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Google’s Angry Bird Goes A Step Further With It’s New Update
By Jessica Blunt | October 10, 2013

The terror (and the aftereffects) caused by Penguin 1 is still not over, and webmasters around the globe are still working tirelessly to bring back the lost SERP rankings of their respective websites. Meanwhile Google never stopped updating its Penguin 1 algorithm. Let’s have a look at the timeline of Penguin updates:

  • Penguin 1 – April 24, 2012 with an impact on 3.1% of queries
  • Penguin 2 – May 26, 2012 with an impact on 0.1% of queries
  • Penguin 3 – October 5, 2012 with an impact on 0.3% of queries
  • Penguin 4 (also known as Penguin 2.0) – May 22, 2013 with an impact on 2.3% of queries

Twitter saw Google’s Matt Cutts reveal on October 4, 2013 that a new Penguin is ready to get launched. The name of it is Penguin 5 or Penguin 2.1, and it is slated to affect 1% of all the search queries. Obviously, it is also a spam-fighting algorithm like its predecessors. So, what’s the “new” this one has to offer?


Confused Between Penguin 2.1 and Penguin 5?

When the Panda update came out on February 2011 in order to fight low-quality content, it was just known as “Panda”. The later two Panda updates got subsequently named into Panda 2 and Panda 3 algorithm updates. However from Panda 3, the numbering moved onto decimal points like 3.0 or 3.1. This, as later revealed by Google officials, was put into action due to the fact that these later updates were “minor” in magnitude and didn’t require a different numbering.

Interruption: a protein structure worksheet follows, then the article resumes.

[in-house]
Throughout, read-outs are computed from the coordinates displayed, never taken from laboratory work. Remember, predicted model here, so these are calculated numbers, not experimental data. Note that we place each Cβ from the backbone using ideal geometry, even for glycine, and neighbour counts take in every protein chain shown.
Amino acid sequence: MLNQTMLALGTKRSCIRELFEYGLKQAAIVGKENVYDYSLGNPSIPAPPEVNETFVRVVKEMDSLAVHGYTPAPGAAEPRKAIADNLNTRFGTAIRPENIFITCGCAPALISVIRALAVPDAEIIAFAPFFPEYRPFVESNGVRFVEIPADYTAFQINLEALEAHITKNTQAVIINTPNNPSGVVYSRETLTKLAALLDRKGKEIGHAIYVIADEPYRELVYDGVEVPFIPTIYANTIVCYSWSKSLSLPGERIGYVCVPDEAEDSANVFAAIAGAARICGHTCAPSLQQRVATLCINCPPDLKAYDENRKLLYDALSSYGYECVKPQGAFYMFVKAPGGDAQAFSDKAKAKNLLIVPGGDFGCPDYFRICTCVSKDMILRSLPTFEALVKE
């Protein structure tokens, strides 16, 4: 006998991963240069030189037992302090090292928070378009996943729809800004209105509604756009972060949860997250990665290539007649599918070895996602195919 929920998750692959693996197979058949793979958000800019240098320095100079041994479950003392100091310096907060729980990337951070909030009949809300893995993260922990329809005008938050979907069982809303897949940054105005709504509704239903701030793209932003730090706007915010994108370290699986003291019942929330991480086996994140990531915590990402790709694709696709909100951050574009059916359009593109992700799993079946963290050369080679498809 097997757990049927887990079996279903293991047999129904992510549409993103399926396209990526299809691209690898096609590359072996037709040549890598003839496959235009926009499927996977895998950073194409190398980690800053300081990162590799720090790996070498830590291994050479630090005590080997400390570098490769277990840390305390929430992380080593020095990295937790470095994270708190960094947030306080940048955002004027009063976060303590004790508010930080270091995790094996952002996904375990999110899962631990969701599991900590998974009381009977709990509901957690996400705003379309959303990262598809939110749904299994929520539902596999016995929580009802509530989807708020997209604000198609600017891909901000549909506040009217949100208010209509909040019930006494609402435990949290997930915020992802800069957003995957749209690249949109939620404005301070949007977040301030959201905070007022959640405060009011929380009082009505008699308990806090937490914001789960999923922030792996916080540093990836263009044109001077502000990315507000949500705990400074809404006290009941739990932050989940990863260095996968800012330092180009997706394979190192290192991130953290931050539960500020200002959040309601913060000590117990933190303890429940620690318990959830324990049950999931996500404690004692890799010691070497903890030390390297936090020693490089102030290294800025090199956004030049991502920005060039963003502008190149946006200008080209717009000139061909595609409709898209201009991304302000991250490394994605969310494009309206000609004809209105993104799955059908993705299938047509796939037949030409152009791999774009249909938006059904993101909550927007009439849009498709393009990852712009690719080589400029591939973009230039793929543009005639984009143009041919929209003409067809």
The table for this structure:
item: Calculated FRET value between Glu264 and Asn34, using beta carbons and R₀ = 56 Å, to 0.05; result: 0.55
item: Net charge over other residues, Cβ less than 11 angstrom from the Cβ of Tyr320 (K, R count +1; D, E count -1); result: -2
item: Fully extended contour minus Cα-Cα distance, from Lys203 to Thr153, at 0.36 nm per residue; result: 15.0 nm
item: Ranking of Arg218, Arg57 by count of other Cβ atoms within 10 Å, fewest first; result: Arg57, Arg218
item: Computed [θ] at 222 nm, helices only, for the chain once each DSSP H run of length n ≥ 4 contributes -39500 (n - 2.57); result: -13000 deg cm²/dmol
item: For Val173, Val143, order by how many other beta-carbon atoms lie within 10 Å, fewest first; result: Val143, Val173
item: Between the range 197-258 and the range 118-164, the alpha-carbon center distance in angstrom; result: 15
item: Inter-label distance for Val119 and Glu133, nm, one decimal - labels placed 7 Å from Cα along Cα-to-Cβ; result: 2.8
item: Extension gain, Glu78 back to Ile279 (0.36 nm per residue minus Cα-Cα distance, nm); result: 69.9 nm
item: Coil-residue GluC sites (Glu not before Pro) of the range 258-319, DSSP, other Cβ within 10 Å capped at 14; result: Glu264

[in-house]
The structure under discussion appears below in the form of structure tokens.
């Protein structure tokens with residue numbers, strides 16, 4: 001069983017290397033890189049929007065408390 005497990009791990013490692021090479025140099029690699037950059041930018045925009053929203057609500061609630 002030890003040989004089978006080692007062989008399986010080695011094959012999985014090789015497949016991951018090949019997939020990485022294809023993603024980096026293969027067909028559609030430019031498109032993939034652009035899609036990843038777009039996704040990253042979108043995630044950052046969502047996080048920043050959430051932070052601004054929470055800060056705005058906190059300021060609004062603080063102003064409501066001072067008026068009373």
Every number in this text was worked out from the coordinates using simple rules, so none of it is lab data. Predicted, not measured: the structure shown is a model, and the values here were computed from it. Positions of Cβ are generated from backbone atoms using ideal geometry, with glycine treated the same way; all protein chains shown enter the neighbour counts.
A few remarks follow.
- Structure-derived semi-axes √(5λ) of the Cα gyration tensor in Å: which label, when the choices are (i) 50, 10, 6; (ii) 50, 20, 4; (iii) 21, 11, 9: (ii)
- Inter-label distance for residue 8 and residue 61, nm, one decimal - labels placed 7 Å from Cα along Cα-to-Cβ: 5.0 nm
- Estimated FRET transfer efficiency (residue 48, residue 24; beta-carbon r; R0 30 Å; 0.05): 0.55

Similarly, Penguin 4 or Penguin 2.0 was the first major update after the original Penguin update of 2012. This latest one, being “minor” in magnitude as depicted by the impact it’ll have on search queries, has got included into the Penguin 2.0 update, and is now its subsidiary.

It’s Impact So Far:

While shots of Google Analytics have revealed drastic changes in the rankings of some websites, a few got elevated in the SERPs. The effect of Penguin 2.1 has been huge swings on both sides. The ones which continued resorting to the Black Hat tactics have been completely destroyed, while the previously-penalized websites which thought better and went with the White Hat ones have gone up. Some have recovered and some are at the brink of extinction.

Final Thoughts:

Like any other Penguin update, this one too is causing (and will continue to cause) problems to the webmasters. It’s possible that you are being hit! And if I were you, I would’ve immediately changed my ways and shifted my gear. Doing things Google’s way is the only way to survive…! So why not do the right things in the right way? If we are true to our work, we’ll undoubtedly reap great results sooner or later.

About the Author

Jessica Blunt works as a Local Business Reputation Manager at Vintelli, a next generation mobile and web directory application. In her 7 years of experience in Reputation Management, she has partnered many local and small-scale businesses to help them attain a high level of online visibility and recognition. Jessica is an expert at creating an impressive image of local businesses in the minds of their audiences.

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